More armed police officers in the capital won't make up for deep cuts to neighbourhood policing
The announcement yesterday that 600 new firearms officers will be trained in the capital is a reflection of the need to adapt to the changing threat of armed terrorist attacks in major cities.
Whilst this is a welcome increase, it’s important to remember that these new firearms officers will only serve to reverse reductions the Met has made in recent years.
According to Home Office data, in 2008/09 there were 2,740 firearms trained officers in the capital; by 2013/14 (the latest data publicly available) that was down to 2,155.
Firearms-trained officers are volunteers; they receive no extra pay yet are asked to face some of the most stressful and dangerous situations. As Ken Marsh, the Met Fed London rep put it on Radio 4 recently: “we run towards it while everyone else runs away.”
Since the Paris attacks the question of London’s preparedness for a similar attack has been at the forefront of many people’s minds.
The lessons of attacks in Mumbai and Paris are that the nature of the threat is changing, with multiple roaming armed attacks now a possibility. These kinds of unpredictable tactics involving multiple targets means the Met needs to reassess its capacity to respond.
That doesn’t, however, mean fundamentally abandoning the way we police the capital. In the UK we are proud to have one of the world’s few unarmed police forces and, in all but these specialist teams, we need it to stay that way. With these additional firearms officers around 92 per cent of Met officers will remain unarmed.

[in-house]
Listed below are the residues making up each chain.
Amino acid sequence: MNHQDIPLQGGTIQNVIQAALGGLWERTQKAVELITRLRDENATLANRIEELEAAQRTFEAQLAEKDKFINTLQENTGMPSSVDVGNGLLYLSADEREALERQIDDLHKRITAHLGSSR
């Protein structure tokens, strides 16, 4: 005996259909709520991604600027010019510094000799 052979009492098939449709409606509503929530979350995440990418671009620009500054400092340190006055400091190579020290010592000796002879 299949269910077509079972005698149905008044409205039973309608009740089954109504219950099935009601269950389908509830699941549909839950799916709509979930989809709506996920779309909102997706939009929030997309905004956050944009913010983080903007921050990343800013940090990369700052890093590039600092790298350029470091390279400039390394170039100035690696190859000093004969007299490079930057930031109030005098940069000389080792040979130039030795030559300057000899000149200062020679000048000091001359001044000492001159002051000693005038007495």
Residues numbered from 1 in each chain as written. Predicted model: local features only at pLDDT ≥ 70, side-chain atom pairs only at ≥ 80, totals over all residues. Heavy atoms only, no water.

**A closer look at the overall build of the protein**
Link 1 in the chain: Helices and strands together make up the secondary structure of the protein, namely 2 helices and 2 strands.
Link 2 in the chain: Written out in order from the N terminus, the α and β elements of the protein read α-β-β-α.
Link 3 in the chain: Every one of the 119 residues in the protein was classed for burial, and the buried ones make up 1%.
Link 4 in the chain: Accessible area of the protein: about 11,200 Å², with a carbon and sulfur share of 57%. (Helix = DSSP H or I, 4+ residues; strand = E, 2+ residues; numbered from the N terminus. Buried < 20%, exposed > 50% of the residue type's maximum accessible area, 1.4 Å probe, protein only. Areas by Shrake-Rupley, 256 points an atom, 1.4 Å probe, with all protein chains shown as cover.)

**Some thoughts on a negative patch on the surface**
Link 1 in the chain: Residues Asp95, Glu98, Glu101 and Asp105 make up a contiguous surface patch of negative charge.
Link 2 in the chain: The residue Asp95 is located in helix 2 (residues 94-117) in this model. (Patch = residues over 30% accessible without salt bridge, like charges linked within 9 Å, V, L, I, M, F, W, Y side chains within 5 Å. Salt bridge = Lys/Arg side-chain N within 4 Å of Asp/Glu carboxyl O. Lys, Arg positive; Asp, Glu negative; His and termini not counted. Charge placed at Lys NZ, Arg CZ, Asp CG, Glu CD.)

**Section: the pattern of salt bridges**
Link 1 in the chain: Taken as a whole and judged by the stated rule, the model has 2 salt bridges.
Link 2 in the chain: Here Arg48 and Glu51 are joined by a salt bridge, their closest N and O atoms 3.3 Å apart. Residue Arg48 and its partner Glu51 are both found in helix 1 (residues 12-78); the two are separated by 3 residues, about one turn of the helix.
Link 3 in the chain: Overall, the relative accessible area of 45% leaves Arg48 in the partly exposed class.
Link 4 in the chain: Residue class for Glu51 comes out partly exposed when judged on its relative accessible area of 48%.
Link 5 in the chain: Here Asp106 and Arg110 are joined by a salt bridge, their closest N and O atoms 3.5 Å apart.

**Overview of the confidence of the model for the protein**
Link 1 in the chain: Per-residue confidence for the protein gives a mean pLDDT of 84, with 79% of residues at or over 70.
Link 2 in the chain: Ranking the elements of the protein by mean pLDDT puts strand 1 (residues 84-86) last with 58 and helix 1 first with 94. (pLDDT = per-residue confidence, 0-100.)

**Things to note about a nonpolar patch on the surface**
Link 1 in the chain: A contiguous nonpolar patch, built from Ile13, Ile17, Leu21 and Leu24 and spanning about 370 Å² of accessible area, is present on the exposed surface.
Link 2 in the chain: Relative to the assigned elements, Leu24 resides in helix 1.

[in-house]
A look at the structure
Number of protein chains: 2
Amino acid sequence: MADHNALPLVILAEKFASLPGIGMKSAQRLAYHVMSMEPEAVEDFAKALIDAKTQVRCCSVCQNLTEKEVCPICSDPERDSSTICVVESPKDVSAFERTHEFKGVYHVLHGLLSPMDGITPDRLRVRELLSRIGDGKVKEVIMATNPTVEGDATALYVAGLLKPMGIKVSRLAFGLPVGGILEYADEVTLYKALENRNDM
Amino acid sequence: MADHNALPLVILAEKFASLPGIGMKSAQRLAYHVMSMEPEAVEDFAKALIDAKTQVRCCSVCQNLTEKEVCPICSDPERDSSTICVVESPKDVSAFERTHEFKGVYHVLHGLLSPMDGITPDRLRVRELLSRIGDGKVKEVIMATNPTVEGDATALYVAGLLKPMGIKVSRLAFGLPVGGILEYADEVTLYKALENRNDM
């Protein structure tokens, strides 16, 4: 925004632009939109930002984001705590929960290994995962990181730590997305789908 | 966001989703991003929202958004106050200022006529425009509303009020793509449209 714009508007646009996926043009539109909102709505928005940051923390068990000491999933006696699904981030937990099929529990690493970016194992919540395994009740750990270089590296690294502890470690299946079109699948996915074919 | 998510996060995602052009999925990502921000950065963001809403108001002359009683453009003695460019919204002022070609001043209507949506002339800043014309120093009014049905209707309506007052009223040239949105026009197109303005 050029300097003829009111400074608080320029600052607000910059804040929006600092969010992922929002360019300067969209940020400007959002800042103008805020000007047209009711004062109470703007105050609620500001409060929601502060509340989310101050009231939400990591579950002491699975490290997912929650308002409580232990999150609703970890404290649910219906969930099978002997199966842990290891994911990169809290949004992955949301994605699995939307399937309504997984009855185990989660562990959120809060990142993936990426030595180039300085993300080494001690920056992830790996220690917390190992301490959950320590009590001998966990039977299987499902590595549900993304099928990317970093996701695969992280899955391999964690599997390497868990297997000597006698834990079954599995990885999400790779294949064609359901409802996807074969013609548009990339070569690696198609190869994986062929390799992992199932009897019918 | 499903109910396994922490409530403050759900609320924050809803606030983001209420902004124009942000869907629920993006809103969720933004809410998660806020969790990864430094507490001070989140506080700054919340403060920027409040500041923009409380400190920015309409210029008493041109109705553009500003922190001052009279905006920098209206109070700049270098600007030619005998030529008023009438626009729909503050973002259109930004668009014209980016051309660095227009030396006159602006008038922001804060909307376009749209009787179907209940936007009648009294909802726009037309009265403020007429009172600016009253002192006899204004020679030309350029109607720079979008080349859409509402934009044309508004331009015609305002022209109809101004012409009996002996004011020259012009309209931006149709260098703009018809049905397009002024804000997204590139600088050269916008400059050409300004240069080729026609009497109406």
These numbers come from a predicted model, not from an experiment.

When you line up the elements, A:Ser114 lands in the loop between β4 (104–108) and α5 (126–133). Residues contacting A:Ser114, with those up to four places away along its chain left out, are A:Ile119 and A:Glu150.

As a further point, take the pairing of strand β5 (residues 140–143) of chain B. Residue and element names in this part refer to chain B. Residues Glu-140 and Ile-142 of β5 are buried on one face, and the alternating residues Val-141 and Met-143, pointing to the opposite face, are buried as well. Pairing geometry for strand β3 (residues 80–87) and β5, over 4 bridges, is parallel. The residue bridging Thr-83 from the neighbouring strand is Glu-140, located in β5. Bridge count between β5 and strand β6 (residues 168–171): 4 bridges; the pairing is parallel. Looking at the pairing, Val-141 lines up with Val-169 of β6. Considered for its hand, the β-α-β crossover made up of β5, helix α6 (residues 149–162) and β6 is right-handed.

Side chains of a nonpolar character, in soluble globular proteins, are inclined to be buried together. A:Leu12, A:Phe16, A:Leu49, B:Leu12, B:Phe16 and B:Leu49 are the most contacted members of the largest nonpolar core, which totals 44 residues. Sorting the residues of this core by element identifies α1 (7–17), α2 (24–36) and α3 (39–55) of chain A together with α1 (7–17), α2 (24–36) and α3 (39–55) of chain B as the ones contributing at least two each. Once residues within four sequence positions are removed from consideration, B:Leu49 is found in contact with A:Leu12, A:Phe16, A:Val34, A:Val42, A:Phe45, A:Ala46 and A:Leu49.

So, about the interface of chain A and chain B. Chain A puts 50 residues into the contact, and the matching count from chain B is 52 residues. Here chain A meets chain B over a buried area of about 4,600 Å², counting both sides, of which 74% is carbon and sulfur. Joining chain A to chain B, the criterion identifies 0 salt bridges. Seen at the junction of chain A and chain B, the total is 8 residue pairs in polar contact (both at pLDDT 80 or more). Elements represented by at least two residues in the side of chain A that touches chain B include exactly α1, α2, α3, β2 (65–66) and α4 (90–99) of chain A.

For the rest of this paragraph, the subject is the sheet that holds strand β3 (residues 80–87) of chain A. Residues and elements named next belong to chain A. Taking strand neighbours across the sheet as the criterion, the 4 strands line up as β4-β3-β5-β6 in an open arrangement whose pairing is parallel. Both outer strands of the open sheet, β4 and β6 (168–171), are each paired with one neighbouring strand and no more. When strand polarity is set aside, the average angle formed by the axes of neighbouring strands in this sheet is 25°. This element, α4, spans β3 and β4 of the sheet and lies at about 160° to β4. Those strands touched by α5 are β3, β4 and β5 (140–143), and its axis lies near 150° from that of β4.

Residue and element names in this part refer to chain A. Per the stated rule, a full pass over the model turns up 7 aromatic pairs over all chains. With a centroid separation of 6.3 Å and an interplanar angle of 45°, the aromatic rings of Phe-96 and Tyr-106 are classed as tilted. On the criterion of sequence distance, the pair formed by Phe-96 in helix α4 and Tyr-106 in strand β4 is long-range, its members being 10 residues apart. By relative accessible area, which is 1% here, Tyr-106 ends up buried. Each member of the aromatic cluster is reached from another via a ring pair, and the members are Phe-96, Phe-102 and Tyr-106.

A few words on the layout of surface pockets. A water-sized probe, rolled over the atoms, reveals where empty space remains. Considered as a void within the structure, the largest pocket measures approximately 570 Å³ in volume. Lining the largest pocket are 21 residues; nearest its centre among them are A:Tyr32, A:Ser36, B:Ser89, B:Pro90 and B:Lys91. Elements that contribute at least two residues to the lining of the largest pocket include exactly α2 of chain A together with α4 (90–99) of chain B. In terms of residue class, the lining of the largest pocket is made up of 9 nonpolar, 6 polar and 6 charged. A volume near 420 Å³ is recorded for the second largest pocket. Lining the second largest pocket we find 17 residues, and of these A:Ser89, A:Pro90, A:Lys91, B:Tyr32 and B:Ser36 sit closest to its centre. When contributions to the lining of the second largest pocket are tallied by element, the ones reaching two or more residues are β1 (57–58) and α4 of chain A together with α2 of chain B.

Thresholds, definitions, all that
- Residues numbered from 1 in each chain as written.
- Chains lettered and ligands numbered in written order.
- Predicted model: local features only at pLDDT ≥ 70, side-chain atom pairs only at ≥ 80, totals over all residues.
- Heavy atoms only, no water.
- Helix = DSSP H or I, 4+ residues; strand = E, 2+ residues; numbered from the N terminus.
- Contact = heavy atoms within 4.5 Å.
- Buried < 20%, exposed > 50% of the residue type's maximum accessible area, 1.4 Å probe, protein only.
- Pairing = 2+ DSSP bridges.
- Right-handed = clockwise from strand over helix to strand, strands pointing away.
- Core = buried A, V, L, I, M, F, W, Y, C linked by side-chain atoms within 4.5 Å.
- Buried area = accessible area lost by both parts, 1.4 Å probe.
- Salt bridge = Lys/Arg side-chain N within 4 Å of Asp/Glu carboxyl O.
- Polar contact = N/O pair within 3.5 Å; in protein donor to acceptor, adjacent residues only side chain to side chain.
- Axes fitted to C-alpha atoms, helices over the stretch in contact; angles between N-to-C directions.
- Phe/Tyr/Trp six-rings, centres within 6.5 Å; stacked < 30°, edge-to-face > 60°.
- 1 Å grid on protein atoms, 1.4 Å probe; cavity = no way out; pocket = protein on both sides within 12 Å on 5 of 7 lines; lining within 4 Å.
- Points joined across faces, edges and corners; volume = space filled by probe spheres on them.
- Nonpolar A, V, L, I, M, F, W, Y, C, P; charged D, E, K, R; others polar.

The ability to adapt nimbly to changing threats is vital. Prior to Paris, the Met had been expecting the deepest cuts in its history, cuts which would have meant up to 8,000 officers stripped from the capital’s streets. Paris illustrated just how dangerous the chancellor’s plan would have been and his position softened significantly.
Whilst policing cuts have slowed down, we are still awaiting details of counter terrorism funding for the coming year. Early last year counter terrorism operations in London were given some additional money, something the Met had been saying for years was necessary to meet the increasing threat we face.
However Met Commissioner Sir Bernard Hogan Howe wasn’t convinced the new funding went far enough, saying “we certainly were pleased that we received some help, but we did ask for far more.”
The deputy mayor for Policing and Crime Stephen Greenhalgh went even further in his critique, accusing his government colleagues of ‘penny pinching’ and claiming that the shortfall in anti-terrorism funding was a ‘scandal.’
Clearly it’s important to increase the number of firearms trained officers available to deal with terrorist incidents, but that alone is no silver bullet.
Neighbourhood policing, the eyes and ears of the police force, has seen significant cuts in recent years despite it playing an essential role in providing the grassroots intelligence necessary to prevent attacks in the first place.
When the home secretary makes her counter-terrorism funding decision at the end of this month we hope to see acknowledgement of the Met’s unique role in keeping our capital city and country safe.
The government needs to take this issue seriously and stump up the money it has long promised. Counter-terrorism in the capital cannot be done on the cheap.
Joanne McCartney AM is Labour’s London Assembly Policing spokesperson
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